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Flashcards in Torts Deck (21):


An intentional act that causes a harmful or offensive contact with the plaintiff or with something closely connected thereto. In GA, "intention" is not a part of the prima facie case for battery.



An intentional act that causes plaintiff to experience reasonable apprehension of an immediate harmful or offensive contact. Defendant must act with the desire to cause an immediate harmful or offensive contact or the immediate apprehension of such a contact, or know that such a result is substantially certain to occur.


False Imprisonment

An intentional act that causes plaintiff to be confined or restrained to a bounded area against the plaintiff's will, and the plaintiff knows of the confinement or is injured thereby. In GA, false imprisonment is "the unlawful detention of the person of another, for any length of time, whereby such person is deprived of his personal liberty." Malice and probable cause need not be shown.


Intentional Infliction of Emotional Distress

An intentional or reckless act amounting to extreme and outrageous conduct that causes plaintiff sever mental distress.


Trespass to Land

An intentional act that causes a physical invasion of plaintiff's land.


Trespass to Chattels

An intentional act by defendant that interferes with plaintiff's chattel, causing harm.



An intentional act by defendant that causes the destruction of or a serious and substantial interference with plaintiff's chattel.



A defendant may only use the degree of force reasonably necessary to avoid the harm threatened by plaintiff


Defense of Others

Defendant is allowed to defend another person from an attack by the plaintiff to the same extend the third person would be lawfully entitled to defend himself from plaintiff.


Defense of Property

Defendant allowed to use reasonable force.



Duty, Breach, Causation, Damages



A person who enters onto defendant's land at defendant's express or implied invitation, and who enters for a purpose relating to defendant's interests or activities, such as a customer, or someone there for business related purposes. Defendant has duty exercise reasonable care to prevent injury to invitees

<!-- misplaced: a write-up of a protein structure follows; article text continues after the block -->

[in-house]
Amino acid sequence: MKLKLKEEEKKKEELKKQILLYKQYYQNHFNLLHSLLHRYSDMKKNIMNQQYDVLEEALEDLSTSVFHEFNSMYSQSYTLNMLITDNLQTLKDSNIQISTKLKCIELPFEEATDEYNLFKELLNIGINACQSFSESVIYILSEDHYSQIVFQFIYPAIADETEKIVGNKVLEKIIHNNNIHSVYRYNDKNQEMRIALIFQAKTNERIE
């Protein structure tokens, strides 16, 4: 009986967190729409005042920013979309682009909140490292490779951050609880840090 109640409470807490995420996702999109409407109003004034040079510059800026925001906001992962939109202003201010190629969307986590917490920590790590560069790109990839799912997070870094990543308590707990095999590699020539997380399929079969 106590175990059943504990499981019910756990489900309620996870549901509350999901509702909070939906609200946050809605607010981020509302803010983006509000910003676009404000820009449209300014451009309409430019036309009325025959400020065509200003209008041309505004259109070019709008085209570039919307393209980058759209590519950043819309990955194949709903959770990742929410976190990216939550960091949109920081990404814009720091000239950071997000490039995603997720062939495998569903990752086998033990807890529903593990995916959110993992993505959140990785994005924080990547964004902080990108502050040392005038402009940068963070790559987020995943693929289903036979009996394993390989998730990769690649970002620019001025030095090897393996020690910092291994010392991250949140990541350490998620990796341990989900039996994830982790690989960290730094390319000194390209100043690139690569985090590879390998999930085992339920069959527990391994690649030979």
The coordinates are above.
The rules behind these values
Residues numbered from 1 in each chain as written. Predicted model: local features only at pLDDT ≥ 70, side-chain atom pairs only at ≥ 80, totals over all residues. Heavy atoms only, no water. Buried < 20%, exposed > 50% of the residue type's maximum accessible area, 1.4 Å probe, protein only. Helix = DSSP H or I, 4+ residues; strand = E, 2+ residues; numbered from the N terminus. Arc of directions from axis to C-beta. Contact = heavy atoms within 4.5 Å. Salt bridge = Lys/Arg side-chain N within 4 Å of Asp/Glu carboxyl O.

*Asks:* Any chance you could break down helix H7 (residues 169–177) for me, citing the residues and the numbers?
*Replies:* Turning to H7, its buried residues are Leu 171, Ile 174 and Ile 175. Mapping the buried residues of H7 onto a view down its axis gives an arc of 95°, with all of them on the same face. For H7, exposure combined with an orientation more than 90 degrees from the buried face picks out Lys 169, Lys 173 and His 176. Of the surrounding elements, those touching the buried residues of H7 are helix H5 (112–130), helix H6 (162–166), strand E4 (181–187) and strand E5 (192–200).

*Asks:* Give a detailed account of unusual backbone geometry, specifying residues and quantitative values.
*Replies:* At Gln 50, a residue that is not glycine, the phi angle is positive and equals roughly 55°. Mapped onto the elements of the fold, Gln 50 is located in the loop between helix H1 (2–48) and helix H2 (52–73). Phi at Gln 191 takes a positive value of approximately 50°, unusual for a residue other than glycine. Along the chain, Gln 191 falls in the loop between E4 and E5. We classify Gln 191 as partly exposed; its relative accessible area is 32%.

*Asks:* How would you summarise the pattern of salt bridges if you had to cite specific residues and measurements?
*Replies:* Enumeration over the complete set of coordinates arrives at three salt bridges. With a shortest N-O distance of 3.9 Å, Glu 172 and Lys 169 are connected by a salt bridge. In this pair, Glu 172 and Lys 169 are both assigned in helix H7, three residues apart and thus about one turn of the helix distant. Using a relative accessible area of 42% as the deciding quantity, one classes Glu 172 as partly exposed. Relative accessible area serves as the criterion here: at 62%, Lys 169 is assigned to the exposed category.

A friend, social guest. Must warn of known dangers on property


Superseding Cause

An unforeseeable, intervening cause that breaks the chain of causation between the initial wrongful act and the ultimate injury, and therefore relieves the original tortfeasor of any further liability


Contributory Negligence

In GA, a plaintiff is considered contributorily negligent if his negligence was the proximate cause of the injury or if he could have avoided the defendant's negligence by exercising ordinary care. In such situations, the plaintiff is barred from recovery.


Pure Comparative Negligence

A negligent plaintiff's recovery will be reduced by the percentage that he is at fault.


Modified Comparative Negligence

A negligent plaintiff can only recovery if his negligence is less than defendant's


Partial Comparative Negligence

Damages are apportioned only if the defendant's responsibility exceeds plaintiff's responsibility. Plaintiff is denied recovery if he is responsible for 50% or more of his own damages.


Assumption of Risk

Plaintiff "assumes the risk" of injury from defendant negligence if plaintiff expressly or impliedly consents to undergo the risk created by defendant's conduct


Strict Liability

Defendant is liable for injuring plaintiff whether or not defendant exercised due care.



In GA, a plaintiff may recover for any false and malicious publication, not privileged, which intentionally or negligently results in damage to him. Libel = written, Slander = spoken. For public officials, malice is required